I find Richard’s statements amusing, especially in light of two specific blog posts Robbie wrote. In a post titled “Going Green” (June 22, 2007), Robbie announced his intentions to pursue LEED certification for his new salon, but questioned the architect’s “green” credentials: “I don’t think our architect, Richard Best, has ever built a LEED-certified building before, but he’s jumped in headfirst with researching the requirements.” A year later, in a post titled “So Close, Yet So Far Away” (June 25, 2008), Robbie lamented ongoing construction delays: “My architect, Richard Best, is MIA; he gave us a week’s notice that he was leaving for Dubai to appear in a reality TV show. (I seriously couldn’t even make this stuff up.) Lee Stucker, my contractor, has been forced to pick up the missing architect’s slack.”

A building may be “sustainable,” but that doesn’t mean that the business occupying the space will be. The salon located at 12246 Ventura Boulevard is no longer ROB|B Salon; currently, it’s Pure Nails & Organic Spa with new ownership. The most recent developments haven’t been addressed in the blog, though many readers would be interested in knowing what transpired and what lessons were learned.

As an individual tenant in a multi-tenant building, my new salon isn’t eligible for LEED certification. That’s not a problem because the more I learn about it, the less impressed I am: “Critics complain that the system can be gamed to garner the wonderful-sounding public relations that LEED certification often generates” (Daniel Brook, “LEED Compliance Not Required for Designing Green Buildings,” Scientific American Earth 3.0 Special Edition, September 2008) and “Any building or rating system that does not make all energy use data public, and show substantial savings relative to comparable buildings, does not deserve to be called environmentally friendly, regardless of how many supposed “green” features are included” Henry Gifford, “A Better Way to Rate Green Buildings,”www.energysavingscience.com.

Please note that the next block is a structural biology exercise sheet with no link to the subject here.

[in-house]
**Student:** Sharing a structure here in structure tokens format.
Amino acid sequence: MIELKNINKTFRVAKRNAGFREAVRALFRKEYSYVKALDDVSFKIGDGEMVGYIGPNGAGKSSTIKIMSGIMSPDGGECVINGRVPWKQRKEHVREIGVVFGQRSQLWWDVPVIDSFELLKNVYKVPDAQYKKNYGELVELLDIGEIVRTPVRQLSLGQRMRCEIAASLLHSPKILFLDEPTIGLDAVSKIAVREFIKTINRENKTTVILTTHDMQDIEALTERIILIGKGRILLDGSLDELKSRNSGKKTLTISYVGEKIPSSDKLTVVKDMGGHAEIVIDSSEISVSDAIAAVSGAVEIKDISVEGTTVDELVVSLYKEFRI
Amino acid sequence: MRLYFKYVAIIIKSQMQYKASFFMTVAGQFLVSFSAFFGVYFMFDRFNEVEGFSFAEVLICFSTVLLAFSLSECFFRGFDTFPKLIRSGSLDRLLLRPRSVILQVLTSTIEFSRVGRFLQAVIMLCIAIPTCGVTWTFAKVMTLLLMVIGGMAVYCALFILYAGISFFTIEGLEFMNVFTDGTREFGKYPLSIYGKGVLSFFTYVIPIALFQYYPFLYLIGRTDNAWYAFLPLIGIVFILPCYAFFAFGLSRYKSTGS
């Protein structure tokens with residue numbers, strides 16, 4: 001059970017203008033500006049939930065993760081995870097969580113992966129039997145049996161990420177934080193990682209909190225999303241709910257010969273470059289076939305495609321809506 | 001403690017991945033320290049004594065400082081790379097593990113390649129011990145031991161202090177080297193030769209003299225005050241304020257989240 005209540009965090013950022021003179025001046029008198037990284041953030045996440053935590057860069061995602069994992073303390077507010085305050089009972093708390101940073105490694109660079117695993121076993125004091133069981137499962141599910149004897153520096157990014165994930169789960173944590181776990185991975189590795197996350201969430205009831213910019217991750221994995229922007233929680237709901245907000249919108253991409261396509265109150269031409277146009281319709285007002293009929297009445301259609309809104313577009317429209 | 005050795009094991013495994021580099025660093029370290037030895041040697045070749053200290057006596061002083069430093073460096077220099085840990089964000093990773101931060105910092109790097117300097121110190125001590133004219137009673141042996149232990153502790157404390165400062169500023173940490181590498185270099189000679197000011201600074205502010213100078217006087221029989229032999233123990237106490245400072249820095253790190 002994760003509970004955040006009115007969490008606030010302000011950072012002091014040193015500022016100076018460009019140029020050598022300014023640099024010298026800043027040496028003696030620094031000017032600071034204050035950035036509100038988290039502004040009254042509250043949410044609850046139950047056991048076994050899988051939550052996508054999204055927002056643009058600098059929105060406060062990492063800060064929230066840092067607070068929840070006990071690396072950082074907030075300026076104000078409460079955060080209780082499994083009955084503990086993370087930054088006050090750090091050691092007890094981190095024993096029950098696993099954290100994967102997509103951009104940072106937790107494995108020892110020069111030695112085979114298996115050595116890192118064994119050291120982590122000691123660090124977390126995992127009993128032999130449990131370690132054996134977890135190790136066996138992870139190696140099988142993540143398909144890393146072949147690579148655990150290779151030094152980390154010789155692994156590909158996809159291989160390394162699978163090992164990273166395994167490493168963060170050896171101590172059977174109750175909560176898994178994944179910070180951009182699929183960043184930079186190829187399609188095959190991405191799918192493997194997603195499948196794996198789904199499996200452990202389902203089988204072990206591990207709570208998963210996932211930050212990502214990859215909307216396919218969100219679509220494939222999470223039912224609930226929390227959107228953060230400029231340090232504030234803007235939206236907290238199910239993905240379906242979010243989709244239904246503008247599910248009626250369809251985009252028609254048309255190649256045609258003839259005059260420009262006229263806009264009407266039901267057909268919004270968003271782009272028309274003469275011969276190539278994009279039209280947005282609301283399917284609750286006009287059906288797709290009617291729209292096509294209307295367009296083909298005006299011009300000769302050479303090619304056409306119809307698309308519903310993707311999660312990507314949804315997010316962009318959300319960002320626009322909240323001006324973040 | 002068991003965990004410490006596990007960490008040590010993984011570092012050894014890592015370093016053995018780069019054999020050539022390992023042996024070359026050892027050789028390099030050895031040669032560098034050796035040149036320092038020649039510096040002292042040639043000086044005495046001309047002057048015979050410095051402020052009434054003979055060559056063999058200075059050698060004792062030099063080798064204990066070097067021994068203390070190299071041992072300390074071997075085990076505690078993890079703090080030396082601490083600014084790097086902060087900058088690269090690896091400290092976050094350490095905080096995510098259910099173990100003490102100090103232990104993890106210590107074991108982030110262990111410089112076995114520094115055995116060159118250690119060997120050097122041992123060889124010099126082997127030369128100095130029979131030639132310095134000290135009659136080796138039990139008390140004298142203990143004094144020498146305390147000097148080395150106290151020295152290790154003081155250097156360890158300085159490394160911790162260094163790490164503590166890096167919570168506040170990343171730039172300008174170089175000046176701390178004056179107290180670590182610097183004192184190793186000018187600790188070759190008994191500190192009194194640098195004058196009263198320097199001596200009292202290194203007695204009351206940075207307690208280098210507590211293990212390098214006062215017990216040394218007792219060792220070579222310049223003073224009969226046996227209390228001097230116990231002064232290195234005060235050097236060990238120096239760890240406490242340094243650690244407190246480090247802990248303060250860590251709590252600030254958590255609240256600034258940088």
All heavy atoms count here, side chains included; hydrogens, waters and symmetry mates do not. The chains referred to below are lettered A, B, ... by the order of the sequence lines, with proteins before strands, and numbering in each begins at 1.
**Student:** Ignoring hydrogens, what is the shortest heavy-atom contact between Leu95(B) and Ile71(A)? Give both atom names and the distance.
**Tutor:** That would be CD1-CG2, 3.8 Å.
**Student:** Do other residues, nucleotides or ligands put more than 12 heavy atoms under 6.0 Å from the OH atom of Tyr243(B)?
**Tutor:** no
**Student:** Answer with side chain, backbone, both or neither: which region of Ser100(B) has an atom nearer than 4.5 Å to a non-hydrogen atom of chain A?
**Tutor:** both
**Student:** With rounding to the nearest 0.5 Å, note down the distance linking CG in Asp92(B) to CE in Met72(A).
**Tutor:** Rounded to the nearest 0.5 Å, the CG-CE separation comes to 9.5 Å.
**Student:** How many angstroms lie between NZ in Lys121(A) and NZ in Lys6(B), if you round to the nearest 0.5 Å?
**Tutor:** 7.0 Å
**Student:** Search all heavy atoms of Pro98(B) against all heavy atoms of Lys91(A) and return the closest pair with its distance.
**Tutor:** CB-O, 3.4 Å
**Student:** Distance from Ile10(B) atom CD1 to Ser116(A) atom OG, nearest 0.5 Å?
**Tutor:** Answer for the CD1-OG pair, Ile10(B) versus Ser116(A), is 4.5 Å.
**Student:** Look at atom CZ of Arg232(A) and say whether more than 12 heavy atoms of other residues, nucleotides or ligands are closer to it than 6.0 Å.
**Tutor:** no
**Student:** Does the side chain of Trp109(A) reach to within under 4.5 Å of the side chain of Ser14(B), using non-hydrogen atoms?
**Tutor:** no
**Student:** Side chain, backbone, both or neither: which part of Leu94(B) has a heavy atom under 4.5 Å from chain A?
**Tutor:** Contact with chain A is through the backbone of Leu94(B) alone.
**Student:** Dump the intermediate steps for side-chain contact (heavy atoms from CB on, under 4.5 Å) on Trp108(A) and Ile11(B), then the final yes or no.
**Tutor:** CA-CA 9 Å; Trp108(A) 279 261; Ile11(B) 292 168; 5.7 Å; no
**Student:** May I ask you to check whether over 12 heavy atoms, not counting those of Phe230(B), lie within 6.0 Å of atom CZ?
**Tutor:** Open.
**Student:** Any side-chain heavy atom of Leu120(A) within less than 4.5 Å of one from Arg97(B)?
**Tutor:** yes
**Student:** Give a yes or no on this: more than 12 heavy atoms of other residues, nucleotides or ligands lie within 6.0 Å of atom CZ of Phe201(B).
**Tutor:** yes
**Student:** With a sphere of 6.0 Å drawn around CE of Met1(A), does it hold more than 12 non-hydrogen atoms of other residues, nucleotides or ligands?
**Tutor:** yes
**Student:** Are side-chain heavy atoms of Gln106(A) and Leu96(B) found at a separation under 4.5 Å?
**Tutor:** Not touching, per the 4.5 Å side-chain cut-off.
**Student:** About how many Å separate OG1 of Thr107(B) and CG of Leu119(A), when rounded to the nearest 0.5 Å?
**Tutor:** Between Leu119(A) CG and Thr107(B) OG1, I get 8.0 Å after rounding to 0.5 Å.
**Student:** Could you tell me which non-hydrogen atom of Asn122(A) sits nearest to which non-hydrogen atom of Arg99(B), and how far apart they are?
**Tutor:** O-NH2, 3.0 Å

Even without certification, I can be proud of what I’ve accomplished in my new salon with minimal investment:

  • Prepared the space within two months of lease signing.
  • Did not change the existing wood flooring; the previous tenant is a flooring contractor, and his products and workmanship are beautiful.
  • Did not change the existing paint colors; they already matched my desired color scheme and the previous tenant left paint for touchups.
  • Created private rooms with customized, temporary dividers.
  • Invested nearly $1000 in EcoSmart LED bulbs to replace old bulbs in the recessed lighting. They were easy to install and should last 20 years.
  • Installed the newest model of the Mitsubishi Jet Towel Hand Dryer.
  • Donated excess building materials to Habitat for Humanity.
  • Reduced my electricity costs to less than $100/month (using approximately 500 kWh in a space of 1100 square feet).

Salon owners and nail professionals need to be both innovative and practical when “going green.” In my first Stylist article four years ago (April 2010), I wrote about the benefits of providing waterless spa pedicures. Conserving water (12-15 gallons/pedicure) remains one of the most significant benefits. Upon request, California American Water supplied an audit of water consumption in my previous salon location. During 8+ years (August 2005-September 2013), Precision Nails used approximately 15,000 gallons of water for a total cost of less than $1000. During that same time, my employees and I performed more than 11,000 waterless pedicures, saving an estimated 135,000 gallons of water. Note that the salon had two client rooms and pedicures comprised about 40% of my business.

By Jaime Schrabeck, Ph.D.